OUTCAST – Photos of a brown trout have helped verify the beauty of catch-and-release fishing regulations on the upper Spokane River.
A case in favor of the no-harvest rules was made this week by Sean Visintainer, guide and owner of Silver Bow Fly Shop.
“My buddy, Bob McConkey, and I were out on the upper Monday night and caught a couple really nice browns on dry flies,” said Visintainer, who fishes the Spokane River regularly with and without clients.
“Bob’s brown looked awfully similar to a fish that one of my guides caught when we were floating two Februarys ago. I matched up the pics – same brown!”
Fish biologists say trout caught in cool water with flies or lures, which usually aren’t swallowed by the fish, can survive being caught many times in their lives. It’s especially important that they be quickly released, preferably with little handling, squeezing or being dropped on a hard surface.
“We had fished through this area numerous times since the first time the fish was caught but had not caught it again until this week,” Visintainer said. “It was pretty much in the same area.”
Turnbull swans shift nest sites
OUTBROOD – Trumpeter Swans at Turnbull National Wildlife Refuge are on a different family plan this year.
Although the large swans have hatched broods as early as Father’s Day in recent years, a pair was still on a nest this week, said Mike Rule, refuge biologist. And for the first time, they’re nesting on Blackhorse Lake.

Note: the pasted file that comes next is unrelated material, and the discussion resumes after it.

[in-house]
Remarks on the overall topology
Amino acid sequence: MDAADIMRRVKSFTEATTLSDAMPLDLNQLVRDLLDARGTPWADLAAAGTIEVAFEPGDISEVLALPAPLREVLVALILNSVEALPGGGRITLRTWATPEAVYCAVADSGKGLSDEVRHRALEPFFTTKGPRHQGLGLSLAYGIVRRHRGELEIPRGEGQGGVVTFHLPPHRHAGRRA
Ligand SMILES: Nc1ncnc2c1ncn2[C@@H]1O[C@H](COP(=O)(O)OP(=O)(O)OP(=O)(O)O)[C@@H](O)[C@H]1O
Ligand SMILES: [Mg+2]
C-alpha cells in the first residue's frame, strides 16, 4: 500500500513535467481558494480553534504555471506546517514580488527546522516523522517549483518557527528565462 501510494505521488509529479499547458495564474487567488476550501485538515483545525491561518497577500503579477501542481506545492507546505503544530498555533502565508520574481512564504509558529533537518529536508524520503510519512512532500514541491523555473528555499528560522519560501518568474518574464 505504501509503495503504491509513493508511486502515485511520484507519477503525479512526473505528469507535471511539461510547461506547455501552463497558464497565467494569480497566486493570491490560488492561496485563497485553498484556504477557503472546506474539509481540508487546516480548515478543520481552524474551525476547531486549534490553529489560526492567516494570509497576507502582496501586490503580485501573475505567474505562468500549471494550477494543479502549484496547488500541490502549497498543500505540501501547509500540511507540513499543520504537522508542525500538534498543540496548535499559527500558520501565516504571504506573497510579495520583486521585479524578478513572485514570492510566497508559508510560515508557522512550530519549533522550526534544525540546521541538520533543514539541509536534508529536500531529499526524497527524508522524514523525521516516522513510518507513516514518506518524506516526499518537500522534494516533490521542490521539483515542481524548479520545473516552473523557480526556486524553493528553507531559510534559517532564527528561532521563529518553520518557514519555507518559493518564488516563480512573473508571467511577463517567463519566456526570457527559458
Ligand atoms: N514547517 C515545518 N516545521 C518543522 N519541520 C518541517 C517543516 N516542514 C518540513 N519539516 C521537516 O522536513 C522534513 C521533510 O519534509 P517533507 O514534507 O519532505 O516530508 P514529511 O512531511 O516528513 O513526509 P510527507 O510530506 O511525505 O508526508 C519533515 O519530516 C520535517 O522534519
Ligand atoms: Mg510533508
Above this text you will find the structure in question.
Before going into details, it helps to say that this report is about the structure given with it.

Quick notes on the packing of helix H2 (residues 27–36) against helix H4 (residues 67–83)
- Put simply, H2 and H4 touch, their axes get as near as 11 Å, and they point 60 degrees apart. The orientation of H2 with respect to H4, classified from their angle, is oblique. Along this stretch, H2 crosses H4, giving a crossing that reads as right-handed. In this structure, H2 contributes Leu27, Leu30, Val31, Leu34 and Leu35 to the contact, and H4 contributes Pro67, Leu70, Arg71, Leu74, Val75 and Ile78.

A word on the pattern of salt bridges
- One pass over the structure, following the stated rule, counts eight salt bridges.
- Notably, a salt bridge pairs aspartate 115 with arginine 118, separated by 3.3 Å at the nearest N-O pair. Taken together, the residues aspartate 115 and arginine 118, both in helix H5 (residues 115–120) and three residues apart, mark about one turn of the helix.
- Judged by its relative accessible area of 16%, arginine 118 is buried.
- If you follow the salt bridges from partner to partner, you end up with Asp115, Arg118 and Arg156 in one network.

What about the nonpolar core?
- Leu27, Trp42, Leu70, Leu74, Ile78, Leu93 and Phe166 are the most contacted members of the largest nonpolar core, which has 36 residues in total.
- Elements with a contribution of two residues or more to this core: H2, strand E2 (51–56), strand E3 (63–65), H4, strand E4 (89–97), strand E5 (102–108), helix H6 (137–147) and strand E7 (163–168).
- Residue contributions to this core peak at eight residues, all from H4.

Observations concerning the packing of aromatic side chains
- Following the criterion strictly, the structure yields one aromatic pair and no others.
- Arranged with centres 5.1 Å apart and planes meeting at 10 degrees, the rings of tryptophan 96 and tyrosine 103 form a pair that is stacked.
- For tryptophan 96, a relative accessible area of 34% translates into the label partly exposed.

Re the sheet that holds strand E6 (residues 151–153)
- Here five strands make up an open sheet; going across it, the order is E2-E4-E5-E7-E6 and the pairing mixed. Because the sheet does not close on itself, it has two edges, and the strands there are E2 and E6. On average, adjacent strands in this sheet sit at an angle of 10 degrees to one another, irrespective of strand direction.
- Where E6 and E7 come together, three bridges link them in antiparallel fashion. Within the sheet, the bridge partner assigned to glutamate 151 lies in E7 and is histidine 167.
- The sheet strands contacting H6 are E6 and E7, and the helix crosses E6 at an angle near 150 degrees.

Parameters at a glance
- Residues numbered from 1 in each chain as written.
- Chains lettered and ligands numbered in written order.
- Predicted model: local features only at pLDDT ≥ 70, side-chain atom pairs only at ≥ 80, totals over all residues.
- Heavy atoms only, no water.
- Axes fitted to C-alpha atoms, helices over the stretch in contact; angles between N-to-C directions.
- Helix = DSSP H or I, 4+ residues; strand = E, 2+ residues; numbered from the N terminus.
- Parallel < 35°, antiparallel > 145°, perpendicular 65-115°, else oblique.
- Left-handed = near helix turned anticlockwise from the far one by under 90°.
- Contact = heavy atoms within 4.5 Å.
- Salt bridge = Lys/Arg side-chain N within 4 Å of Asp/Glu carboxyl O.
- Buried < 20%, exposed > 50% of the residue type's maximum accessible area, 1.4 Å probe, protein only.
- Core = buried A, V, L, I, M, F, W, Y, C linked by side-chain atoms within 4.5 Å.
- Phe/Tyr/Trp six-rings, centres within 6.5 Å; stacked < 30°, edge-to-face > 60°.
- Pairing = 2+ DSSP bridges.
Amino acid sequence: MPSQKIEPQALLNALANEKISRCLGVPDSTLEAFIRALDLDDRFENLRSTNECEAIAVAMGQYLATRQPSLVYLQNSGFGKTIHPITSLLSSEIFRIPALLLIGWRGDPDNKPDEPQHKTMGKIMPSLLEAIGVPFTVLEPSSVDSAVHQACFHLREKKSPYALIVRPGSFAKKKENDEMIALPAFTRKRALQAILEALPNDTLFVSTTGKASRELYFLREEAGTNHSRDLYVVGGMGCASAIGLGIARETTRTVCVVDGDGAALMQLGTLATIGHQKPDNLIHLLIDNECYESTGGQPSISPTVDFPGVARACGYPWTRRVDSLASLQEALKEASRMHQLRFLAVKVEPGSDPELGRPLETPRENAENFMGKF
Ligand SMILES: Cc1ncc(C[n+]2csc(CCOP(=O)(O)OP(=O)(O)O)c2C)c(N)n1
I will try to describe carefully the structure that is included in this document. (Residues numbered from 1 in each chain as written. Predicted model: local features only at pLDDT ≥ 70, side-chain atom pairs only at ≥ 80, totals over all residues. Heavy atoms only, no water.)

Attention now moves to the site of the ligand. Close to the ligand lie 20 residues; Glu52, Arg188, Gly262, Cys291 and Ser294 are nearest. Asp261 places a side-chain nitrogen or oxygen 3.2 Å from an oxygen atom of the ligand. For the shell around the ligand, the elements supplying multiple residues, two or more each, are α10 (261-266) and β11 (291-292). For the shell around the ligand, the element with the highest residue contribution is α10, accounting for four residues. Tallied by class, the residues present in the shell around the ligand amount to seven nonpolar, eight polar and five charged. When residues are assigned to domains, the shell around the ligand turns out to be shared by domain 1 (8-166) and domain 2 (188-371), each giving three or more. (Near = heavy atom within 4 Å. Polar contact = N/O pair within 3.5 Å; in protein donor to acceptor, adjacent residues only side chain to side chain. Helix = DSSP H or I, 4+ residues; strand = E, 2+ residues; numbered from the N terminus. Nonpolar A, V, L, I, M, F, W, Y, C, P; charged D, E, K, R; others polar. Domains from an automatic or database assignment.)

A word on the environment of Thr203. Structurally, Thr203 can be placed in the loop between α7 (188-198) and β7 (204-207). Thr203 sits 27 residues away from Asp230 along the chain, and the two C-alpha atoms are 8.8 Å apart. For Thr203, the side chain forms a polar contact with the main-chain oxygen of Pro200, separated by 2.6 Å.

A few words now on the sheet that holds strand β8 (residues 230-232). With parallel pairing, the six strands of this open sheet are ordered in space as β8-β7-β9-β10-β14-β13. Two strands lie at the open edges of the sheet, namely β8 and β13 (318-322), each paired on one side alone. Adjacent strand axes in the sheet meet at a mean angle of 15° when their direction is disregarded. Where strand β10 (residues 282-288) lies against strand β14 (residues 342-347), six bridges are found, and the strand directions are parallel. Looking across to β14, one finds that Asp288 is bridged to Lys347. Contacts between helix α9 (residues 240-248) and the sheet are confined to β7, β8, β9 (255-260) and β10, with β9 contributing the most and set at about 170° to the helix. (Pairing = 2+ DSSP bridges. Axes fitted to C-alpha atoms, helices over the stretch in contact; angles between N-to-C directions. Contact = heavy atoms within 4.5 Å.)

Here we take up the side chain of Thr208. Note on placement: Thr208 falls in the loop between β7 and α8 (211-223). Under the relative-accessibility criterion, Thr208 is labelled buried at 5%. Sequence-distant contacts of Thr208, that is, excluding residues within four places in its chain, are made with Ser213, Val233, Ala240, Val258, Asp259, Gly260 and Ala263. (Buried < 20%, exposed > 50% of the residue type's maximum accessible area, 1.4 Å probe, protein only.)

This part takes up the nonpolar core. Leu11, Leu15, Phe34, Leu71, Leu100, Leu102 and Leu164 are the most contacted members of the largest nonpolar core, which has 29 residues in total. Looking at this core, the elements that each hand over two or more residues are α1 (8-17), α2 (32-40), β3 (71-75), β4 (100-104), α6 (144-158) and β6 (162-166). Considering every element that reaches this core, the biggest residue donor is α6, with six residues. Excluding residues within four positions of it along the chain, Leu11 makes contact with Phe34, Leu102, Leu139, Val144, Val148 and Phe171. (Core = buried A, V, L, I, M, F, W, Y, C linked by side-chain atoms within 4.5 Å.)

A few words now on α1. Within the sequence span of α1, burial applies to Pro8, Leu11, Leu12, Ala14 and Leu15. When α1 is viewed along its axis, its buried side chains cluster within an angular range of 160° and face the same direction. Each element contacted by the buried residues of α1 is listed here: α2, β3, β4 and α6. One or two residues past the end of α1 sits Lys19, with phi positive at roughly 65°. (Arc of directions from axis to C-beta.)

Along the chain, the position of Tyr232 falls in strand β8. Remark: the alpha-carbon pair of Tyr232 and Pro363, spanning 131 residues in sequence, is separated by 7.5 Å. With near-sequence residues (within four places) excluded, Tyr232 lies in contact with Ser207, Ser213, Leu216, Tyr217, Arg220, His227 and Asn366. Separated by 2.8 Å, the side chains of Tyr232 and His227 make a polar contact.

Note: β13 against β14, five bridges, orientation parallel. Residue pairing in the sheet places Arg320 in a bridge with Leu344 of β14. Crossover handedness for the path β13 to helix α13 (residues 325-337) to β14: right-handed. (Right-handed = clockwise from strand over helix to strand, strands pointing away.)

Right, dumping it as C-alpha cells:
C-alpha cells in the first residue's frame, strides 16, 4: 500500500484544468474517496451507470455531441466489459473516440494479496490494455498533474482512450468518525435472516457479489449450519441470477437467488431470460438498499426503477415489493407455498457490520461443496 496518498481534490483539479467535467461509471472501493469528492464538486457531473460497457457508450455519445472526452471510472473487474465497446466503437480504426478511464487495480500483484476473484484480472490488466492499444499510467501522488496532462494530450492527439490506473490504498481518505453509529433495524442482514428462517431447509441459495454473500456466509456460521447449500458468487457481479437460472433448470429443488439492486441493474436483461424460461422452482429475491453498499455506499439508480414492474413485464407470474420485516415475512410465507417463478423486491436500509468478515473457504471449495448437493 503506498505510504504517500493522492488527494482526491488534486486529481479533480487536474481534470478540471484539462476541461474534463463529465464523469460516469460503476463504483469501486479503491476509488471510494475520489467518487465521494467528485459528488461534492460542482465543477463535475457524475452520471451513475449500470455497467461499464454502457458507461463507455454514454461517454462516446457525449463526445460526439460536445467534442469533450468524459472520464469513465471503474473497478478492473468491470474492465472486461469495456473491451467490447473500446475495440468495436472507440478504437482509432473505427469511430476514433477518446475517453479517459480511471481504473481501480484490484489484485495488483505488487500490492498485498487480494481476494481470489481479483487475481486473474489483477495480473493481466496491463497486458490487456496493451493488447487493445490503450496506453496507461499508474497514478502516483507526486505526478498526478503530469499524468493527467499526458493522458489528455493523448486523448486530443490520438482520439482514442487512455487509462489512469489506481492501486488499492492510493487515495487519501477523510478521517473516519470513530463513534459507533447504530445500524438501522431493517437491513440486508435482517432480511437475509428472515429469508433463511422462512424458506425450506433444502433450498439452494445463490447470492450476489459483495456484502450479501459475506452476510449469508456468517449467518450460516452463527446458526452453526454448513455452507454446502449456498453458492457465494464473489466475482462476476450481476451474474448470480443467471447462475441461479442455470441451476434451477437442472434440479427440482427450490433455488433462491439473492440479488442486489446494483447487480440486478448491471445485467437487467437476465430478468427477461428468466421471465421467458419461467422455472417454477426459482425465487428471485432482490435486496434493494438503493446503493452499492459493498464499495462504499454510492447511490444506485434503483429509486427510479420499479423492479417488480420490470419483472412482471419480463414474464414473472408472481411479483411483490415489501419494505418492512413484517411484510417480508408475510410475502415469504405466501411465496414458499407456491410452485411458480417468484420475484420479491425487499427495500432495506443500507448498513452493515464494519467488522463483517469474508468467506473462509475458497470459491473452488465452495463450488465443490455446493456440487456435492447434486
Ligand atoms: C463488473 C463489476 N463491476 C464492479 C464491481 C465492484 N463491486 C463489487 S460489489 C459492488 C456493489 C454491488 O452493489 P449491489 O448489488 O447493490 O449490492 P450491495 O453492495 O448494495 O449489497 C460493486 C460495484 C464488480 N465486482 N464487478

The swans that have been on a nest for about three weeks might be the pair that hatched cygnets on Middle Pine last year, when the refuge had two nesting pairs, he said.
Blackhorse is on the auto tour route and is accessible by a boardwalk.
“There’s a pair in Cheever Lake but I’m not sure they are going to nest,” he said. “We have seen a few other trumpeters this spring. Five were seen on Blackhorse on June 19.
“We were hoping for a third nest this year but may end up with only one.”
Impaired boaters targeted
OUTLAW – Washington state and local marine patrols are scheduled to be out in force this weekend looking for drug- or alcohol-impaired boaters.
Boating under the influence is the top factor in fatal boating accidents.
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